During the spawning season, it may seem as if some fish are attacking one or more fish in the pond. The males will chase the females around the water garden even into the shallow parts pond’s edge. They may end up on top of potted bog plants or even occasionally splashing all the way out of the pond. There is no harm to the fish unless the female is weakened for some reason and the spawning ritual could cause death. While this is rare, it has been observed.
Koi eat plants including water lilies and bog plants. They eat any vegetation that is in the water. While a koi is small (up to 6 or 7 inches), they do not cause much trouble for plant life. Once they begin to get larger, they can be devastating, devouring plants and muddying the water by constantly rooting around the pots of soil. Use a submerged plant protector or screening to provide a barrier between fish and plants. It is often advised to provide a separate pond for koi, keeping them totally apart from the plants.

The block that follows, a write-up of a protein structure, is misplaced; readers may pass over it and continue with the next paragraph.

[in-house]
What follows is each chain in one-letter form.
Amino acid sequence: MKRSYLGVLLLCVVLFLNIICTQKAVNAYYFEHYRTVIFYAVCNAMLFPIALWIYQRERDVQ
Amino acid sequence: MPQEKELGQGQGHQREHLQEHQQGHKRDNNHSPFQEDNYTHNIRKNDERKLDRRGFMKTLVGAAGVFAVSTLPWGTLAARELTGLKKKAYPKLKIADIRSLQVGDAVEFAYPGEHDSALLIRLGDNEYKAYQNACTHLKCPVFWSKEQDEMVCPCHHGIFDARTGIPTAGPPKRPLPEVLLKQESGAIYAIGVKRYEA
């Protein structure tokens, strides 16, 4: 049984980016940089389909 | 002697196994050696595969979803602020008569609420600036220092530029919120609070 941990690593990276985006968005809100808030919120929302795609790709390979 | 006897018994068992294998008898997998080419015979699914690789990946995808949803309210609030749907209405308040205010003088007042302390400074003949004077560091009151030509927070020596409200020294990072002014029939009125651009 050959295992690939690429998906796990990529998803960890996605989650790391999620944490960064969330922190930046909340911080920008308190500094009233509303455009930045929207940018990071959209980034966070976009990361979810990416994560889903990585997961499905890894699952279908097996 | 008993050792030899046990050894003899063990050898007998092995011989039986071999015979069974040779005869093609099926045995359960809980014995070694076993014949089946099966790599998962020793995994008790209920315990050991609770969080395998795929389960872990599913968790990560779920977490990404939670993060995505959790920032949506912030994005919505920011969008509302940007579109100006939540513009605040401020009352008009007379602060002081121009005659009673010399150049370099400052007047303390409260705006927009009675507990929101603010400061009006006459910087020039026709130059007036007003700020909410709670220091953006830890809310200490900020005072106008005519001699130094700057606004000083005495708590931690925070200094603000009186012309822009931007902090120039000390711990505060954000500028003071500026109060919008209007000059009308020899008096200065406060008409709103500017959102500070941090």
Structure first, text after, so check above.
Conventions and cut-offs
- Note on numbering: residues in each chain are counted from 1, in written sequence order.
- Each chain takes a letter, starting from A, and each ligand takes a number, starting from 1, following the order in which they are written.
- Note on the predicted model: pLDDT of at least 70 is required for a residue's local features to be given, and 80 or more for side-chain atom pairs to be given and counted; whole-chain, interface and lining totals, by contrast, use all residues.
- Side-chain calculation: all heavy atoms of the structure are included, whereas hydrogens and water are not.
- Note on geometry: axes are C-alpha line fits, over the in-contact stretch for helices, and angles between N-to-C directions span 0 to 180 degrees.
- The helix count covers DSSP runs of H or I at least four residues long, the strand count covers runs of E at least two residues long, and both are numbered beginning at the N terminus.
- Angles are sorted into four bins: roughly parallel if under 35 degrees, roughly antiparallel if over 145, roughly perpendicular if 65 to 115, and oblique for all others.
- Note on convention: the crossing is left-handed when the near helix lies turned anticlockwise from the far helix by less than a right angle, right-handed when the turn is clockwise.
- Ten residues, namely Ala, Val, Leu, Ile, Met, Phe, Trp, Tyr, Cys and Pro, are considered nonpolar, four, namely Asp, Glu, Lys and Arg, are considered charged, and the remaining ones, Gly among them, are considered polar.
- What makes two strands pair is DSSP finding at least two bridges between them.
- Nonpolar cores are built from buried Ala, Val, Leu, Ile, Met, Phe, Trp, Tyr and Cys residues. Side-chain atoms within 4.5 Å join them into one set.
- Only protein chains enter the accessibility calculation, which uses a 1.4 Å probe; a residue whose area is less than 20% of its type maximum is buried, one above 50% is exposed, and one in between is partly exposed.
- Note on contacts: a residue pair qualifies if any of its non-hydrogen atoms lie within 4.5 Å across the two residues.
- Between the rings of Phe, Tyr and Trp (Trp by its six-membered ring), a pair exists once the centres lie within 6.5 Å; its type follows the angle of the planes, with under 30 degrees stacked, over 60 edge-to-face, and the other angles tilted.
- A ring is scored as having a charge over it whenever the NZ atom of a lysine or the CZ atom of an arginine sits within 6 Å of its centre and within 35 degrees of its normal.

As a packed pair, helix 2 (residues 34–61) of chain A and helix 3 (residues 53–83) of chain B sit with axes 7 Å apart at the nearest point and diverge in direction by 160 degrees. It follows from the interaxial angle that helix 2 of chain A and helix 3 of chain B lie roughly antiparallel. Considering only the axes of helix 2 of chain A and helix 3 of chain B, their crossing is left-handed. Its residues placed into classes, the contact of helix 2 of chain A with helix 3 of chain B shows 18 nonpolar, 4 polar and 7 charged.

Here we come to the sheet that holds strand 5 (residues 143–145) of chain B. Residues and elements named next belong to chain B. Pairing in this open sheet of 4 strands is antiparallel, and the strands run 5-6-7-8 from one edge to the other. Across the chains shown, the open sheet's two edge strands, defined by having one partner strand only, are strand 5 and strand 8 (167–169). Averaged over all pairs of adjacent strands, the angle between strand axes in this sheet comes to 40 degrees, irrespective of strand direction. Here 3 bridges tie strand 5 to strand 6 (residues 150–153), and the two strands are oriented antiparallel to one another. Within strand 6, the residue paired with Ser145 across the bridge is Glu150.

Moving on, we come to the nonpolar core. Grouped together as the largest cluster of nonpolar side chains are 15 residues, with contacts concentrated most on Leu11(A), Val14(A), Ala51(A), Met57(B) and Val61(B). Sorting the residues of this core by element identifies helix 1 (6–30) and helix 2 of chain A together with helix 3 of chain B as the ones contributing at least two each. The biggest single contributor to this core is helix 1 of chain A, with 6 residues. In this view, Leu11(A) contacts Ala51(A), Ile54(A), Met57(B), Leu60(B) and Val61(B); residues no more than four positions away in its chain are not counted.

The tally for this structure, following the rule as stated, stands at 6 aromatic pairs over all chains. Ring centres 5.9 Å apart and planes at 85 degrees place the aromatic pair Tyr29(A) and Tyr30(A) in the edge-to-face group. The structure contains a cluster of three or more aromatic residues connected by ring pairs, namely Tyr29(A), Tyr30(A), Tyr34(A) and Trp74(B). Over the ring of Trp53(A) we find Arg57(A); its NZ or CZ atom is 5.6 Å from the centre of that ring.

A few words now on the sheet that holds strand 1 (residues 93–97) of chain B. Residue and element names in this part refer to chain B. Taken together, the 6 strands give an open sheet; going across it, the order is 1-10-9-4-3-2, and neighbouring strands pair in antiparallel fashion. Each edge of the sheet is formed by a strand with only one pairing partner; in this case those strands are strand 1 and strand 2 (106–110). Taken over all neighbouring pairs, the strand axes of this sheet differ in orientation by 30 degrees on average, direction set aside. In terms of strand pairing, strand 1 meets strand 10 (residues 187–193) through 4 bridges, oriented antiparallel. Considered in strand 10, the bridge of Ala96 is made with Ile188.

Koi can easily attain a length of 24-36 inches if enough room is provided along with ample food. The large koi will also increase in girth as their body lengthens.
Open sores or large pimple-like lesions on the side of a fish are often a result of Ulcer Disease. This contagious and often fatal disease is difficult to control and needs aggressive treatment. Fish that are under environmental stress or are living in poor quality water have a good chance of contracting the disease. Correcting the water quality issues and treating with a product such as Melafix will likely take care of the problem.
A cold water parasite called White Spot or ICH is responsible for what appear to be salt grains on the body and fins of a fish. An advanced case where the body is largely covered is often fatal. Early detection and treatment is imperative. The fish will hang near the surface of the water and act disinterested in food and other fish. This parasite lives in the silt and debris layer of the bottom of the pond and even on the body of a healthy fish. When stresses occur, like a sudden drop in temperature, the parasite becomes free swimming and will attach itself to the fish. Treatment with an ICH control medication that contains formaldehyde and malachite green is needed to eradicate the parasite.